According to one aspect of the present invention the optionally porous implant comprises the carbon-material at least at one part of the surface contacted with physiologic fluids or cells or tissue. The present invention also contemplates the use of different materials for different sections or parts of the inventive implant. According to an exemplary embodiment of the invention the inorganic carbon material includes a composite material comprising inorganic carbon as described above, and a further inorganic material selected from, e.g., at least one of a metal, a metal alloy, or a metal compound. According to one exemplary embodiment the, optionally porous, implant is comprises a combination of carbon materials as described above, and metal or metal alloys, e.g. metals and metal alloys selected from main group metals of the periodic system, transition metals, such as copper, gold and silver, titanium, zirconium, hafnium, vanadium, niobium, tantalum, chromium, molybdenum, tungsten, manganese, rhenium, iron, cobalt, nickel, ruthenium, rhodium, palladium, osmium, iridium or platinum, or from rare earth metals.. The metal compound is selected from any suitable metal or metal oxide or from shape memory alloys any mixture thereof to provide the structural body of the implant. Preferably, the metal compound is selected from the group of zero-valent metals, metal oxides, metal carbides, metal nitrides, metal oxynitrides, metal carbonitrides, metal oxycarbides, metal oxynitrides, metal oxycarbonitrides and the like, and any mixtures thereof. The metals or metal oxides or alloys used in a preferred embodiment of the present invention may be magnetic. Examples are - without excluding others - iron, cobalt, nickel, manganese and mixtures thereof, for example iron, platinum mixtures or alloys, or for example, magnetic metal oxides like iron oxide and ferrite. It may be preferred to use semiconducting materials or alloys, for example semi-conductors from Groups II to VI, Groups III to V, and Group IV. Suitable Group II to VI semi-conductors are, for example, MgS, MgSe, MgTe, CaS, CaSe, CaTe, SrS, SrSe, SrTe, BaS, BaSe, BaTe, ZnS, ZnSe, ZnTe, CdS, CdSe, CdTe, HgS, HgSe, HgTe, or mixtures thereof. Examples for suitable Group III to V semi-conductors are GaAs, GaN, GaP, GaSb, InGaAs, InP, InN, InSb, InAs, AIAs, AIP, AISb, AIS and mixtures thereof. Examples for Group IV semi-conductors are germanium, lead and silicon. The semiconductors may also comprise mixtures of semi-conductors from more than one group and all the groups mentioned above are included. In other embodiments it is preferred to select the metal compound from metals or metal-oxides or alloys that comprise MRI visibility or radiopacity, preferably implants made from ferrite, tantalum, tungsten, gold, silver or any other suitable metal, metal oxide or alloy, like platinum-based radiopaque steel alloys, so-called PERSS (platinum-enhanced radiopaque stainless steel alloys), cobalt alloys or any mixture thereof.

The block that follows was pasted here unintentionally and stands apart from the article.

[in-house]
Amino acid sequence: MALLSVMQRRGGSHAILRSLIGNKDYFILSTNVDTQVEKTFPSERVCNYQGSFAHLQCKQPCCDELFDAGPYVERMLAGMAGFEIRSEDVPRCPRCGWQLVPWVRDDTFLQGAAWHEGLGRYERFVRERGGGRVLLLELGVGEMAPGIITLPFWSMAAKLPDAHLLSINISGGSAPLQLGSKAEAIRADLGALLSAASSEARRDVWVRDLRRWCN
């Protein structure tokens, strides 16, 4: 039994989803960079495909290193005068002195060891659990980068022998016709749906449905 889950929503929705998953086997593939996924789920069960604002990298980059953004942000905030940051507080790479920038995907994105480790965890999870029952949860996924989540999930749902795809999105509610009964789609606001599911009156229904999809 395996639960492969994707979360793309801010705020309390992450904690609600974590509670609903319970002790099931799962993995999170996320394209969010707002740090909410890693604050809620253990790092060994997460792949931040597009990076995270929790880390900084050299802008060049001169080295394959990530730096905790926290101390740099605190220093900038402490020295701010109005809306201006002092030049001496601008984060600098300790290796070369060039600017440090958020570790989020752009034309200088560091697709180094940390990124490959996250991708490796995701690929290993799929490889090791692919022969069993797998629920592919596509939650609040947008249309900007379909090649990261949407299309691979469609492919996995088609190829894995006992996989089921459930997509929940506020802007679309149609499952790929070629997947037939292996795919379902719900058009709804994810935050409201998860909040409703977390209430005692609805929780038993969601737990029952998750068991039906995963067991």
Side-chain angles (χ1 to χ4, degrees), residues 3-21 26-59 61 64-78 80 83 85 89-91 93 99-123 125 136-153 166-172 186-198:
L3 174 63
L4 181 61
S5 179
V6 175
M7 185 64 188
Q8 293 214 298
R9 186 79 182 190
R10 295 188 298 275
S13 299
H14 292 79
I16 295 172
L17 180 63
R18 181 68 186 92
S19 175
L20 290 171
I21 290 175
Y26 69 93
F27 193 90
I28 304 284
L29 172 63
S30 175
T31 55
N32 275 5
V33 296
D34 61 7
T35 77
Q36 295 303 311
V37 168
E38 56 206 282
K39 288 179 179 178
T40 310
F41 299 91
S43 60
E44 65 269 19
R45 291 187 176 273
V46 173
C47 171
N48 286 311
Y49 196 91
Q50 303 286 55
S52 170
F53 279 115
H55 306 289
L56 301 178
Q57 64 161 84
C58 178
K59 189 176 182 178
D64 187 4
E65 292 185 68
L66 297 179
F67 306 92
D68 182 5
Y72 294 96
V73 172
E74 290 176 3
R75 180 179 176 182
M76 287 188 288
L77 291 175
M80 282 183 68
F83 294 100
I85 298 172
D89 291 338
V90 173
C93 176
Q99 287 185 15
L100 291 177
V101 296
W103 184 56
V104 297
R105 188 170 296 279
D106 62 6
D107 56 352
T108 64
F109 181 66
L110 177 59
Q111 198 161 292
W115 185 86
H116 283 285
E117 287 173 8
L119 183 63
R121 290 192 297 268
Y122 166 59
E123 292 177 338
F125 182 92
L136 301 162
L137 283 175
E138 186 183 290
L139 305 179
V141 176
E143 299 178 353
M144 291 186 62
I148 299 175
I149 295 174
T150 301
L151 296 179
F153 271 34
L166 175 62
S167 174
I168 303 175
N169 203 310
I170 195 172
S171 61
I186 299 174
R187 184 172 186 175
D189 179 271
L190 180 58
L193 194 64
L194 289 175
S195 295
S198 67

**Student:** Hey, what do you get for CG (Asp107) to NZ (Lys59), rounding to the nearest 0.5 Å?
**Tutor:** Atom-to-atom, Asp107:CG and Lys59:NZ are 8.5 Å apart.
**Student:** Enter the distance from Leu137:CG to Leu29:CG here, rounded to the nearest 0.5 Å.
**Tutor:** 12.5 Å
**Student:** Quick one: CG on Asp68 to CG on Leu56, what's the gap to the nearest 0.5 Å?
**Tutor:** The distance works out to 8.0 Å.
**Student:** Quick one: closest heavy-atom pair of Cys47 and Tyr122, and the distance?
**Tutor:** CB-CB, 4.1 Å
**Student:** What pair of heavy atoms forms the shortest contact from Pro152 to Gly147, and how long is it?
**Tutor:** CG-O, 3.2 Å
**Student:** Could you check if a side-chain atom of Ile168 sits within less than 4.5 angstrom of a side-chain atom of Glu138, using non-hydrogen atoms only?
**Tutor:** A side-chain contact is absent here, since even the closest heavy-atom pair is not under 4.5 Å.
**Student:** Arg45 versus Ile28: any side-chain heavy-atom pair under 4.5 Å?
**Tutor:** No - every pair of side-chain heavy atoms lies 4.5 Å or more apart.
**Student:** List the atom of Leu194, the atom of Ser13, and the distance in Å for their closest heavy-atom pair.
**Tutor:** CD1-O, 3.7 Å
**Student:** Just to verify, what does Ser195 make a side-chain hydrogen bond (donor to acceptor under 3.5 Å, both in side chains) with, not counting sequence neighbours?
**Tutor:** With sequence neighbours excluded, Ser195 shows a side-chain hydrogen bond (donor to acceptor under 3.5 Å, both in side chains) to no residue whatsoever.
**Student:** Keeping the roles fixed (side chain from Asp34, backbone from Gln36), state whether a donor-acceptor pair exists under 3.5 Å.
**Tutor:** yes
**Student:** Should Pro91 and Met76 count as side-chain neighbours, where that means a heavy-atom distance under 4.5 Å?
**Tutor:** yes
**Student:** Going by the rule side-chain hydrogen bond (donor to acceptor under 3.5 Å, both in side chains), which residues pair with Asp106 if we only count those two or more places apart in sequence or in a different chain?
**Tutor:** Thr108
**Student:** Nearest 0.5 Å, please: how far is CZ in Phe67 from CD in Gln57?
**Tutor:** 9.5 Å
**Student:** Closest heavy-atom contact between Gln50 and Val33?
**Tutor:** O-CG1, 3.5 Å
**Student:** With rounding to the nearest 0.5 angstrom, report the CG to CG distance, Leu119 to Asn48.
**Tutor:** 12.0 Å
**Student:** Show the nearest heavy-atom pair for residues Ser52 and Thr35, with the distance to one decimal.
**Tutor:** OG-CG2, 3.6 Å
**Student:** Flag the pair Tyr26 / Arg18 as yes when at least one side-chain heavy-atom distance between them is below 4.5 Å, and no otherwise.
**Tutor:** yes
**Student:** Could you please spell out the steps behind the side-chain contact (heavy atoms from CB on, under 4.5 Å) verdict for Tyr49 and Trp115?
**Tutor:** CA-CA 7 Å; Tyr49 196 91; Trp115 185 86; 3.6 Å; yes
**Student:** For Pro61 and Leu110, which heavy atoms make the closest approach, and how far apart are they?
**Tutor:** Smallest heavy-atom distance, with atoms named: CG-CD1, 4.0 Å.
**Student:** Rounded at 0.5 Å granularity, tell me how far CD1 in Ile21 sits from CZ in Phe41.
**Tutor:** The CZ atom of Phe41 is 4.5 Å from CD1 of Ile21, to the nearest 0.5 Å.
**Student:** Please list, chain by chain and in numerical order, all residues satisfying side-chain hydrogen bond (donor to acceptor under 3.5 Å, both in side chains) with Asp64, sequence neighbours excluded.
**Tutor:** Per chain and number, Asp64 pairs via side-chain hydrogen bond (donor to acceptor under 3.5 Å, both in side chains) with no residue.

Furthermore, biodegradable metals may be incorporated in carbon composites, which can include, e.g., metals, metal compounds, such as metal oxides, carbides, nitrides and mixed forms thereof, or metal alloys, e.g. particles or alloyed particles including alkaline or alkaline earth metals, Fe, Zn or Al, such as Mg, Fe or Zn, and optionally alloyed with or combined with other particles selected from Mn, Co, Ni, Cr, Cu, Cd, Pb, Sn, Th, Zr, Ag, Au, Pd, Pt, Si, Ca, Li, Al, Zn and/or Fe. Also suitable are, e.g., alkaline earth metal oxides or hydroxides, such as magnesium oxide, magnesium hydroxide, calcium oxide, and calcium hydroxide or mixtures thereof. In exemplary embodiments, the biodegradable metal compound may be selected from biodegradable or biocorrosive metals or alloys based on at least one of magnesium or zinc, or an alloy comprising at least one of Mg, Ca, Fe, Zn, Al, W, Ln, Si, or Y. Furthermore, the implant may be substantially completely or at least partially degradable in- vivo. Examples for suitable biodegradable alloys comprise e.g. magnesium alloys comprising more than 90 % of Mg, about 4-5 % of Y, and about 1.5-4 % of other rare earth metals, such as neodymium and optionally minor amounts of Zr; or biocorrosive alloys comprising as a major component tungsten, rhenium, osmium or molybdenum, for example alloyed with cerium, an actinide, iron, tantalum, platinum, gold, gadolinium, yttrium or scandium. The metal or metal alloy may include in an exemplary embodiment

(i) 10-98 wt.-%, such as 35-75 wt.-% of Mg, and 0-70 wt.-%, such as 30-40% of Li and 0-12wt.-% of other metals, or

(ii) 60-99wt.-% of Fe, 0.05-6wt.-% Cr, 0.05-7wt.-% Ni and up to 10wt.-% of other metals; or (iii) 60-96wt.-% Fe, l-10wt.-% Cr, 0.05-3wt.-% Ni and 0-15wt.-% of other metals, wherein the individual weight ranges are selected to always add up to 100 wt.- % in total for each alloy. According to a further exemplary embodiment of the invention the inorganic carbon material includes a composite material comprising inorganic carbon as defined above, and a further organic material selected from, e.g. at least one of a polymer, a copolymer, an oligomer, or a polymer composite. In specifically preferred embodiments the carbon material of the device contains a coating, either partially or completely, to comprise a sandwich- like composite material and preventing the device from particulate formation due to mechanically induced damages or to enhance the elastomechanical properties. This material design consists of the carbon material as the core and the coating material as the shell of the structural implant material. The coating materials are preferably selected from organic compounds. Preferred organic compounds or materials for such composites include biocompatible polymers, oligomers, or pre-polymerized forms as well as polymer composites. The polymers used may be thermosets, thermoplastics, synthetic rubbers, extrudable polymers, injection molding polymers, moldable polymers, spinnable, weavable and knittable polymers, oligomers or pre-polymerizes forms and the like or mixtures thereof. In a specific embodiment, the organic compounds or materials for such composites are selected from electrically conducting polymers, fluorescent or luminescent polymers. In specific embodiments it is useful to select the organic compound from biodegradable organic materials, for example - without excluding others - collagen, albumin, gelatin, hyaluronic acid, starch, cellulose (methylcellulose, hydroxypropylcellulose, hydroxypropylmethylcellulose, carboxymethylcellulose-phtalate); furthermore casein, dextrane, polysaccharide, fibrinogen, poly(D,L lactide), poly(D,L-lactide-Co-glycolide), poly(glycolide), poly/hydroxybutylate), poly(alkylcarbonate), poly(orthoester), polyester, poly(hydroxyvaleric acid), polydioxanone, poly(ethylene, terephtalate), poly(maleic acid), poly(tartaric acid), polyanhydride, polyphosphohazene, poly(amino acids), and all of the copolymers and any mixtures thereof.